(Reuters) - Family Dollar Stores Inc FDO.N adopted a poison pill to buy time to consider any possible deal that activist investor Carl Icahn could push for after becoming its largest shareholder.
Family Dollar’s move “puts a damper” on prospects for a “friendly dialogue” with the company’s executives, Icahn told Reuters on Monday.
Icahn reported a 9.39 percent stake in Family Dollar on Friday and said he was considering pushing the $6.89 billion company to merge with rival Dollar General Corp (DG.N).
“How does it possibly matter if I own 10 percent or 15 percent of a company? All it does is it makes it more difficult to have a friendly dialogue, which we already are planning to have,” Icahn said on Monday.
Family Dollar adopted a one-year shareholder rights plan, commonly known as a poison pill, with a trigger of 10 percent.
“Poison pills” deter hostile takeovers by triggering the issue of new shares, diluting holdings of investors who exceed a set threshold.
Family Dollar’s shares rose as much as 16 percent to $70.30 on the New York Stock Exchange, while Dollar General’s shares rose as much as 14 percent to $65.97.
Jefferies & Co raised its ratings on the stock of both companies to “buy”, based on a potential merger and synergies of as much as $1.2 billion.
“We think Dollar General could be a motivated buyer given where we are in the life cycle of this dollar-store industry and potential increased competition in small formats coming from Wal-Mart,” analyst Daniel Binder wrote in a note.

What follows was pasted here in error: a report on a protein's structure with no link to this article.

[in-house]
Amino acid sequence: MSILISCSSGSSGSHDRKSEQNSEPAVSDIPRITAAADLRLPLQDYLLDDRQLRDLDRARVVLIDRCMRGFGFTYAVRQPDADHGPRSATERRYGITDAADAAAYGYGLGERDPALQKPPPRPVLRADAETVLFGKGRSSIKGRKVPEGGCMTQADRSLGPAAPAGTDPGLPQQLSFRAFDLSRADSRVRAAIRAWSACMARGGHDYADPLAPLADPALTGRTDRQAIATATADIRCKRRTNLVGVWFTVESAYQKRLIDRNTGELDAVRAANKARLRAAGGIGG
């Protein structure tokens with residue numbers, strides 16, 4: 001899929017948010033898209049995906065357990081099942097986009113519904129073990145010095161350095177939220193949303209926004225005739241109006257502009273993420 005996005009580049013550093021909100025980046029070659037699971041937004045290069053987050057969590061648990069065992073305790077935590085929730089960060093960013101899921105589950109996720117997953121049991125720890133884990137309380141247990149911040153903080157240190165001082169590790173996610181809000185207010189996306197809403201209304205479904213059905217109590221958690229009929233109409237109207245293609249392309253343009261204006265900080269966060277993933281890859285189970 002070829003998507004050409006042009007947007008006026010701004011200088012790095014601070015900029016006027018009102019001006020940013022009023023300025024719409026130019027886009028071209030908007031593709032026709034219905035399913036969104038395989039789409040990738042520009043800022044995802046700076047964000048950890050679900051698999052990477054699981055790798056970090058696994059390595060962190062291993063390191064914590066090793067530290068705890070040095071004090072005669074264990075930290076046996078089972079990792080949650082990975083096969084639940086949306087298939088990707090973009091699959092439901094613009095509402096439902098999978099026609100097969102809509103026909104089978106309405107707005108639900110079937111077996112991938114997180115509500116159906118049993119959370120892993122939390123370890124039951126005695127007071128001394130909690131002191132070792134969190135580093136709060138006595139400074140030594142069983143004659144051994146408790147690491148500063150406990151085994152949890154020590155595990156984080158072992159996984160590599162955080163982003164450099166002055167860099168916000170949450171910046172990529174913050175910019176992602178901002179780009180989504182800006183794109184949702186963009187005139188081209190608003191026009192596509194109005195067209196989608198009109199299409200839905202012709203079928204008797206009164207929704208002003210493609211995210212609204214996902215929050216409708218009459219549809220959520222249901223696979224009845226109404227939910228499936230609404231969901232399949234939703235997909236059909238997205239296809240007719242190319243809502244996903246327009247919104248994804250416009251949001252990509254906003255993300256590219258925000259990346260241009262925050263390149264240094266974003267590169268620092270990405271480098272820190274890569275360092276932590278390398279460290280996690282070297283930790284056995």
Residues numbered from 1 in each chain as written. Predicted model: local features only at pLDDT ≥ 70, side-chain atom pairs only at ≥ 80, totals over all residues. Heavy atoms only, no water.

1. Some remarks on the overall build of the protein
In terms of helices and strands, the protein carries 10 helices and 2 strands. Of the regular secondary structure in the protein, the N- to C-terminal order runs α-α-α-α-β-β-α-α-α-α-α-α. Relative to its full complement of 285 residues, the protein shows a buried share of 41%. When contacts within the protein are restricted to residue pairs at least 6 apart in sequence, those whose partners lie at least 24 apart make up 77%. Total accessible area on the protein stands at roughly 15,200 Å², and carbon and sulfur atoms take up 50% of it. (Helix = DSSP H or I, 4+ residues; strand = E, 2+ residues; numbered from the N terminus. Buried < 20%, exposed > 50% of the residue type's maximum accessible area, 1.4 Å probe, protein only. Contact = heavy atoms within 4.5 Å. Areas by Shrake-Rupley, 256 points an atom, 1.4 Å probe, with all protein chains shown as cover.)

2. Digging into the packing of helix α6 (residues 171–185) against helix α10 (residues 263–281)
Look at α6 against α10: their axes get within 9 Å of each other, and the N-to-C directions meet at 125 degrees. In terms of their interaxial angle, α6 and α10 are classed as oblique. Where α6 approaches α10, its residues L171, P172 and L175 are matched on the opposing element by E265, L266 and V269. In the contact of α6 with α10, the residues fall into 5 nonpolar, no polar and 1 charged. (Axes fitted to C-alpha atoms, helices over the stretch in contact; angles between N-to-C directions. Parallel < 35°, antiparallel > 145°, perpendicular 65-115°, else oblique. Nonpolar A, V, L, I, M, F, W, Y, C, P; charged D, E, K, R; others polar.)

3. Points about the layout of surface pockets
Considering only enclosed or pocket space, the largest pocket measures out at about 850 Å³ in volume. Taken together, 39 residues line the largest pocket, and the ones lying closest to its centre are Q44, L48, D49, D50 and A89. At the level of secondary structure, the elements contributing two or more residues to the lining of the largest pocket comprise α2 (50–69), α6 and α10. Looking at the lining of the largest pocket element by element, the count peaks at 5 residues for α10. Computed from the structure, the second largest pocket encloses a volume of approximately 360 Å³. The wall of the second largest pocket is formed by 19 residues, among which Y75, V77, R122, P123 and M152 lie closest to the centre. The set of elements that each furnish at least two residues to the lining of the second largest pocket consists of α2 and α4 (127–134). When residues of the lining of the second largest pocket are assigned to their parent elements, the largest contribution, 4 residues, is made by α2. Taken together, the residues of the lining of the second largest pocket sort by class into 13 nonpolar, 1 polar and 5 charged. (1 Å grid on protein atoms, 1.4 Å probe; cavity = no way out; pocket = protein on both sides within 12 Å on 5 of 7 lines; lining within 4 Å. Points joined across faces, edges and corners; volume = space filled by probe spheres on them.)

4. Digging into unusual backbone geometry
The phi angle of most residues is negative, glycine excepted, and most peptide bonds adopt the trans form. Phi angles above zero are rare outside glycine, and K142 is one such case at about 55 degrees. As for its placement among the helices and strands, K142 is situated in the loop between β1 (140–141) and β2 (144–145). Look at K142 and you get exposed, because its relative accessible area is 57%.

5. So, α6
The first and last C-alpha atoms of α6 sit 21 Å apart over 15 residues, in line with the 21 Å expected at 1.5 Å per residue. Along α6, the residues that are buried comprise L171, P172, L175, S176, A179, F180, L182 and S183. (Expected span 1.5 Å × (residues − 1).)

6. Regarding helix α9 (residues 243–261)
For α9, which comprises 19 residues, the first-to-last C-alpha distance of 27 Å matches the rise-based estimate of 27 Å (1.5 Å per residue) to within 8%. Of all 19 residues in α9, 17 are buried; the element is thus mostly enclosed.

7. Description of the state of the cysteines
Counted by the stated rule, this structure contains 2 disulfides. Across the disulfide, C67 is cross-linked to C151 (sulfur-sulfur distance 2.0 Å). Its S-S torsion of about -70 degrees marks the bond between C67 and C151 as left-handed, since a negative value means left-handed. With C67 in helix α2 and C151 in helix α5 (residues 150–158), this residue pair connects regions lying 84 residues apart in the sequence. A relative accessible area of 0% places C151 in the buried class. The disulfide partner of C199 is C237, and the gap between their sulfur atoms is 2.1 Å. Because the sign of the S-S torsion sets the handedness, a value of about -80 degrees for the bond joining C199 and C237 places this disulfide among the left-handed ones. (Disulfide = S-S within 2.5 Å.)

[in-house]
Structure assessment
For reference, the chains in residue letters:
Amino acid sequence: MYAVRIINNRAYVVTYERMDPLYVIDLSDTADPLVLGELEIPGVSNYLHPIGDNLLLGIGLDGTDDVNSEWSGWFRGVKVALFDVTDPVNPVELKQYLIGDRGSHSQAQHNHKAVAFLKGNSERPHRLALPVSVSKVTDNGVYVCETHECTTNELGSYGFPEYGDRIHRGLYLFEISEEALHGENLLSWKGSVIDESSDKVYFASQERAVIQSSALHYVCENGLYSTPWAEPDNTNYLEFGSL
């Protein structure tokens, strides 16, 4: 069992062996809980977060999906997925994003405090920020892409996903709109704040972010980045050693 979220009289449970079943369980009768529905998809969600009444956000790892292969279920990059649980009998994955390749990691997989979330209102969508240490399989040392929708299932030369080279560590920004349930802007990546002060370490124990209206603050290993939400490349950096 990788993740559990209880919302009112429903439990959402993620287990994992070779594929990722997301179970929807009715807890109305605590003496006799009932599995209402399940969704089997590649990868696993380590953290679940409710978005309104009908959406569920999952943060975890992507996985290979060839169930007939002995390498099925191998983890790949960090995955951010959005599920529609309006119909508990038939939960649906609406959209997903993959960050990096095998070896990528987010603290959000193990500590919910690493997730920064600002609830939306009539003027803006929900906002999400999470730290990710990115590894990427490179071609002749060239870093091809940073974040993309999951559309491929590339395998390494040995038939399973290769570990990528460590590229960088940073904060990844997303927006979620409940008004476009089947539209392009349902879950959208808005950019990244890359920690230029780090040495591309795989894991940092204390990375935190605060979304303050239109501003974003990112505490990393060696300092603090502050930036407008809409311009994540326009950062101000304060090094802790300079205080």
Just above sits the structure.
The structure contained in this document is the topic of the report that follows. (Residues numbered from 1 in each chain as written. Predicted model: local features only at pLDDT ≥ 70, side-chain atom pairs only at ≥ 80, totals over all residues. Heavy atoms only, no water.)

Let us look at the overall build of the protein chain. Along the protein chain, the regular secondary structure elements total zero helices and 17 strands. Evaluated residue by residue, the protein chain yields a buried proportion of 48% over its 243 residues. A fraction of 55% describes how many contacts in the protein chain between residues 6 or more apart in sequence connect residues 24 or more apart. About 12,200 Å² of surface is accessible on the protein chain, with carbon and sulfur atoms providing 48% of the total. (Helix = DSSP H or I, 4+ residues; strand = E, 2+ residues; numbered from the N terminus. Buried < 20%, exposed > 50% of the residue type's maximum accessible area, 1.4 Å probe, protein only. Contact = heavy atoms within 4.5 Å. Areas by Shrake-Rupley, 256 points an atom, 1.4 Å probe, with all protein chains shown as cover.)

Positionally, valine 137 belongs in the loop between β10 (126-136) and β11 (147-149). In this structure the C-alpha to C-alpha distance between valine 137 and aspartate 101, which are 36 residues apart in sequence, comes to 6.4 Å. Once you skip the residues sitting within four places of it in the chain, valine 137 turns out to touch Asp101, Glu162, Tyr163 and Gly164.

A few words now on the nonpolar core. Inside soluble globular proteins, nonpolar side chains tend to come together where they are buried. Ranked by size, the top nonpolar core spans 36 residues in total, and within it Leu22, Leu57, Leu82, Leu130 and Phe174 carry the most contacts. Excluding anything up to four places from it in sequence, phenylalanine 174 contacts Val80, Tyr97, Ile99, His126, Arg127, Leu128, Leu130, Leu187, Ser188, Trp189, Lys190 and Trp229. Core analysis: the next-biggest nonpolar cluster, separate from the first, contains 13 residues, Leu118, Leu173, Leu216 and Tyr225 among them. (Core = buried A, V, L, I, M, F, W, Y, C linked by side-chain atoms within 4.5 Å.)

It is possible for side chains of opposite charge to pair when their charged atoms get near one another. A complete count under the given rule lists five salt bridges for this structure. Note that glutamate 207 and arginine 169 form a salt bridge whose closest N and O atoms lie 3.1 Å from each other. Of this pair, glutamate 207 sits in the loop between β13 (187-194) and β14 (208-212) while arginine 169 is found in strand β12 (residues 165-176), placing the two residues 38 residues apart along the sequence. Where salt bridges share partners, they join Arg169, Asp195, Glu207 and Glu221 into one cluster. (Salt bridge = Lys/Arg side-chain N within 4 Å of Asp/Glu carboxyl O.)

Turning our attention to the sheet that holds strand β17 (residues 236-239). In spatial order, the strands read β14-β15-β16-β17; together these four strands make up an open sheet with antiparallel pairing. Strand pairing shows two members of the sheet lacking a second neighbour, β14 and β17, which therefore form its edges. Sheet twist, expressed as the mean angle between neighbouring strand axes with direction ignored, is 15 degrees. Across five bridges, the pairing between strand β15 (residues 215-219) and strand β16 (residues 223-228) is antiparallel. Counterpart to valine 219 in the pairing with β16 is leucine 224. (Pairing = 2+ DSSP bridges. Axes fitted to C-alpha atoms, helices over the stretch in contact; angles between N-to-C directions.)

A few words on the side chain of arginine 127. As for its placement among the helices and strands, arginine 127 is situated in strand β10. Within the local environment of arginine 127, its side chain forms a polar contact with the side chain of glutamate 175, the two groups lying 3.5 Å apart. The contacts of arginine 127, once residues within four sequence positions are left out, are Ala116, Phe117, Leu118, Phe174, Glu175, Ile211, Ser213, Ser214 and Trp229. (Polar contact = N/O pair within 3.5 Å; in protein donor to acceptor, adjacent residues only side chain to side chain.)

Dollar General, which has a market value of $17.59 billion, has been struggling to shore up margins after it slashed prices to keep its lower-income shoppers from shifting to Wal-Mart Stores Inc (WMT.N) and Target Corp (TGT.N).
Family Dollar, struggling with falling sales, said in April that it would close 370 stores, slow its expansion of new stores and slash prices.
Getting antitrust approval will not be an issue as the companies do not sell exclusive goods, an antitrust expert, who asked not to be identified, told Reuters. “I just can’t imagine it’s a problem.”
However, Sterne Agee & Leach analysts ruled out a merger and said taking Family Dollar private might be a better option.
“Dollar General took a hard look at Family Dollar in 2013 and passed on the acquisition. Since that time ... the company has gone out of its way to suggest ... that purchasing Family Dollar is not part of its strategic focus in the near term.”
Dollar General CEO Rick Dreiling prefers organic growth over acquisitions and buying Family Dollar would be expensive, Raymond James said.
The company trades at 17.8 times earnings, compared with Dollar General’s 15.6 times and an industry median of 15.1 times, according to Thomson Reuters StarMine.
Reporting by Sruthi Ramakrishnan in Bangalore, Jennifer Ablan in New York and Diane Bartz in Washington; Editing by Don Sebastian and Simon Jennings